• Social Media - Thanks to services like Facebook, it is very easy to keep up with friends and family that live far away, which may help alleviate some of the disconnect your children may feel. Depending on your children's age and maturity this may be a way to keep up with some of their friends. You can take advantage of other modes of communication such as phone calls or video chat to keep in touch with the people they left behind.
  • Social Interaction - While you don't want your kids to forget about their old friends, it is important to get them out into the community to make new ones. School is the most obvious way to do this, but there are other avenues to take as well. If you are a church going family, then various church functions provide a great way for your kids to meet other children. Communities often have programs that can get kids together like sports or library reading groups.
  • Setting Up Their New Room - Kids need to establish a sense of identity and ownership in their new surroundings, and letting them take charge in setting up their new room can help them establish some roots.
  • Exploring the Town - A new location can be scary and unfamiliar to a child. Take some time to explore your town, either by walking around town or by visiting various shops and attractions in the area. The more your child learns about their new home, the more comfortable they should be living in it.
Above all else, you have to be there to listen to your child if they do have trouble adjusting to your move. Listen to what they say and offer an encouraging voice to help them through the transition. They depend on you to be their point of stability through everything, so don't let them down!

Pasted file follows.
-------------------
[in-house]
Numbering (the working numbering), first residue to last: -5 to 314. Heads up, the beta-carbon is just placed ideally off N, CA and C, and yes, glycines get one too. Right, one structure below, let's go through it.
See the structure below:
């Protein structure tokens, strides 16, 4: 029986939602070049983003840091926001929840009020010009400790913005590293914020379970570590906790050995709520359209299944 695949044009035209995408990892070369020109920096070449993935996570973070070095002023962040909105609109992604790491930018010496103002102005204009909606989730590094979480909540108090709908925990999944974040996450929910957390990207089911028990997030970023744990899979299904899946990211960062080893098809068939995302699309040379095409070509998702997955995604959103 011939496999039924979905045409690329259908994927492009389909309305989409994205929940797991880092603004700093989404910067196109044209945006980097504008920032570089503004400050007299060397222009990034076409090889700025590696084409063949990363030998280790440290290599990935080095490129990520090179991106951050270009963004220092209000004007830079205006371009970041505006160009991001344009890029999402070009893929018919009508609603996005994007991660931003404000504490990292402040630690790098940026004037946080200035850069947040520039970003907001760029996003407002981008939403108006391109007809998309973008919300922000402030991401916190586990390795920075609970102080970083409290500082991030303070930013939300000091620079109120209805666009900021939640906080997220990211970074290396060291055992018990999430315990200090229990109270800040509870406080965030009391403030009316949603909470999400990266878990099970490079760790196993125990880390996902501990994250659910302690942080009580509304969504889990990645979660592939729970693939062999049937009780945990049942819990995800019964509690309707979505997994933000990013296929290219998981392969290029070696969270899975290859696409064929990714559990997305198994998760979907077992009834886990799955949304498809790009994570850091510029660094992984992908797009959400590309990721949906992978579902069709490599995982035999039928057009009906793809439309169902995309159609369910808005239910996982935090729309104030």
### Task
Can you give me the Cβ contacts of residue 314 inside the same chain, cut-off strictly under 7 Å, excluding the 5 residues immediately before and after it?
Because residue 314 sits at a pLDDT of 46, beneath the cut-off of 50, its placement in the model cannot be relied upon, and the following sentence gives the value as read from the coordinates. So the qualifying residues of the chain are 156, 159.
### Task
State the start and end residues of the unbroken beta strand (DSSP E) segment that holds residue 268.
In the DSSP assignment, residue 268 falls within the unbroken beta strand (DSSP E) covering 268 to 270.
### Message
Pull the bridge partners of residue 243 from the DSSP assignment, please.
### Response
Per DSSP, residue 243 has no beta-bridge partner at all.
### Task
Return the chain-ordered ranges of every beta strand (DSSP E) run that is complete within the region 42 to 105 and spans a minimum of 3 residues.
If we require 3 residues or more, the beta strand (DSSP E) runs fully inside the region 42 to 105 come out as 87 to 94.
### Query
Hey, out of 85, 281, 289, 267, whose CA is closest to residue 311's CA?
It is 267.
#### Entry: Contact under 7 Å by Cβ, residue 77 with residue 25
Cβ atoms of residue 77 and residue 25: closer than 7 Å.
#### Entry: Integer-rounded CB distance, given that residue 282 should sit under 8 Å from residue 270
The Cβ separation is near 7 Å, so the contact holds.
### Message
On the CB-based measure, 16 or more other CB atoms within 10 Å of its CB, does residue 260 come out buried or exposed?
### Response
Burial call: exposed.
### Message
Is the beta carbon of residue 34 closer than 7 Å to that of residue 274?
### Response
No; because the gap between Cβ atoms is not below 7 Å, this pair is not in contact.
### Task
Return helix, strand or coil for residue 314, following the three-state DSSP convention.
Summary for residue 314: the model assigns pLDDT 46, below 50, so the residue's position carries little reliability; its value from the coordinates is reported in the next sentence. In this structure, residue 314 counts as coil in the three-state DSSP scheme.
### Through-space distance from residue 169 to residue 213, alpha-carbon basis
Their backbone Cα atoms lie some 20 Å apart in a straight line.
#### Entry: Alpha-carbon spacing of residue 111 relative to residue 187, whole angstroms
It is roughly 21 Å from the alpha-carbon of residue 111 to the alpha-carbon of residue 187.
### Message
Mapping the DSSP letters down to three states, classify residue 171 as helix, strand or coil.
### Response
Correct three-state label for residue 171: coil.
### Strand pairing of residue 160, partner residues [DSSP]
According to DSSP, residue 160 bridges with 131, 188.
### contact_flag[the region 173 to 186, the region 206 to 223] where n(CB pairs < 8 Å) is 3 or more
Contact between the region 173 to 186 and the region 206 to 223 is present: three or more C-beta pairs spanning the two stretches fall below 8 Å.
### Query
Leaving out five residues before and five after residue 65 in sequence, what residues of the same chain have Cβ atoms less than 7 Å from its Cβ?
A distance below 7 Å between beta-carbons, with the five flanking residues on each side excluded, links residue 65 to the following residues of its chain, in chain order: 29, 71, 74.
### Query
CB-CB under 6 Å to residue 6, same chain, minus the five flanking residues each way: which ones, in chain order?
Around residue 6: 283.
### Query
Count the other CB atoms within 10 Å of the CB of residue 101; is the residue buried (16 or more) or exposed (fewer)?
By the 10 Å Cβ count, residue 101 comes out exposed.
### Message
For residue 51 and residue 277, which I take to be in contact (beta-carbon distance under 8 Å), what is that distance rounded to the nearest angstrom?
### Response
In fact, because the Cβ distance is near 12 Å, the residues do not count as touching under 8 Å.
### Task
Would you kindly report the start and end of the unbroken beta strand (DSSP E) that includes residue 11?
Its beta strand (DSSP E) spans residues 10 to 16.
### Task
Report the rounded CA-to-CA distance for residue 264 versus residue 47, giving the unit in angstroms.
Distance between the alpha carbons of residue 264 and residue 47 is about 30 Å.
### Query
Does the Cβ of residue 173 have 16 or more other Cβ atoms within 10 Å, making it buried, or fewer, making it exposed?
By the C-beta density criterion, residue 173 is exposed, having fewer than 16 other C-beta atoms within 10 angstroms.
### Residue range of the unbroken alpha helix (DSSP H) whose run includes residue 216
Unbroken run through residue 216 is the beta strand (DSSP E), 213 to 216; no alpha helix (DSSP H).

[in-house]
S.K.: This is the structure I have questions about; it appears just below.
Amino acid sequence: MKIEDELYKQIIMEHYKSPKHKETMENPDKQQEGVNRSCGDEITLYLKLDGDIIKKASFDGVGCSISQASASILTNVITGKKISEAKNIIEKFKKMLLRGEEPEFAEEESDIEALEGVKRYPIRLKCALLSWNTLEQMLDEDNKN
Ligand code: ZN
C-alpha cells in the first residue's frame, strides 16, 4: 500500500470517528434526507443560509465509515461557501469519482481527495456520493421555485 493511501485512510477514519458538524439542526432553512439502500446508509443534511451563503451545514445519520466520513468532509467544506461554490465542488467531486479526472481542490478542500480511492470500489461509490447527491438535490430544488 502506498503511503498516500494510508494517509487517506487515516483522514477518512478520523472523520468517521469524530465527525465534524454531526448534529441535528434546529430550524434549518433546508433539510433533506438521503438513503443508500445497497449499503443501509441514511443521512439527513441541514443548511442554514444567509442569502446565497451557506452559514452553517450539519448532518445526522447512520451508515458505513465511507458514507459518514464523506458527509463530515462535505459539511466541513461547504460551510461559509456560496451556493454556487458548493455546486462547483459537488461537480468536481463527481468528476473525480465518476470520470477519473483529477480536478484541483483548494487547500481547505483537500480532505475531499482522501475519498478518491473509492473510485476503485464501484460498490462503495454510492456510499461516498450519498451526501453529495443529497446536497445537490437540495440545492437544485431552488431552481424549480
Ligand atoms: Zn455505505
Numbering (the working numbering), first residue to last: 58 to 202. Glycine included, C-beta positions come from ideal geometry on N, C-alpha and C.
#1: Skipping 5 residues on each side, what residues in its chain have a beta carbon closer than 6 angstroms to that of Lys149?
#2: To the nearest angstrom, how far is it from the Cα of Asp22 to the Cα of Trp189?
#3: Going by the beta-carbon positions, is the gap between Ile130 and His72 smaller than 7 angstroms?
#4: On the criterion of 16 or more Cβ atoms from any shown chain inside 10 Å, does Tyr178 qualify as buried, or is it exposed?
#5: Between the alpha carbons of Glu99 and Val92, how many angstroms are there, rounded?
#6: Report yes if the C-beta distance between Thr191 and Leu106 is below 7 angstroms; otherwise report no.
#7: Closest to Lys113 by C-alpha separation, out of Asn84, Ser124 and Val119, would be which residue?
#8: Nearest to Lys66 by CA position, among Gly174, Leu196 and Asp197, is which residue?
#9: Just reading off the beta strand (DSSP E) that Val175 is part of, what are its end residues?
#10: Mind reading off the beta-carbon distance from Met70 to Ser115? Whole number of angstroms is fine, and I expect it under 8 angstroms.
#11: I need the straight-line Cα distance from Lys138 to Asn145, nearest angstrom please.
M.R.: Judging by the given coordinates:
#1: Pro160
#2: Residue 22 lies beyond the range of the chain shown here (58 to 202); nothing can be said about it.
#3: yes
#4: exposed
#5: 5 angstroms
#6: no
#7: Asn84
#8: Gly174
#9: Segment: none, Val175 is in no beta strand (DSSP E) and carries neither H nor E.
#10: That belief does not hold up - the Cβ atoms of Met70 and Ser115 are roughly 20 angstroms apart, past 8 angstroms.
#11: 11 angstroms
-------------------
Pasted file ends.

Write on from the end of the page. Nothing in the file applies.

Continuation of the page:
Monday, April 18, 2011

April is Autism Awareness Month

Having a special needs child is difficult. Until you walk in those shoes you can never really understand what parents of a special needs child go through. April is Autism Awareness month and we thought we'd provide you with a few links to help you better get to know the people who face this disorder.

Robert MacNeil of PBS has an Autistic grandson. Please take a few minutes to watch Nick's story.


One of the most important statements the story says is, "Researchers now believe there is no simple genetic cause, that autism may involve multiple genetic pathways, and toxic materials in the environment may trigger the symptoms of autism. Autism once was considered only a brain disorder. Now, more doctors say it often involves serious physical illness."

There is still a ton of research that needs to be done. Is Autism affecting more children or have doctors widened their net when diagnosing kids with Autism? There is no simple answer and Autistic children are not all alike. Some can function like their friends and siblings (high functioning), others are like the Dustin Hoffman character in Rainman (more towards mid to low) and some Autistic kids need around the clock care with a brain that can function but a body that won't listen to commands.

Carly's Voice is another touching piece from ABC news. This is an amazing story that we hope with today's technology will help Autistic children communicate with the outside world.


Do you have a link to a special story? Let us know by responding to this post. Autism is not going away. Let’s help teach adults with typical kids that special needs does not mean weird or dumb. If they teach their children to reach out and help special needs kids, then they’ll feel great about themselves.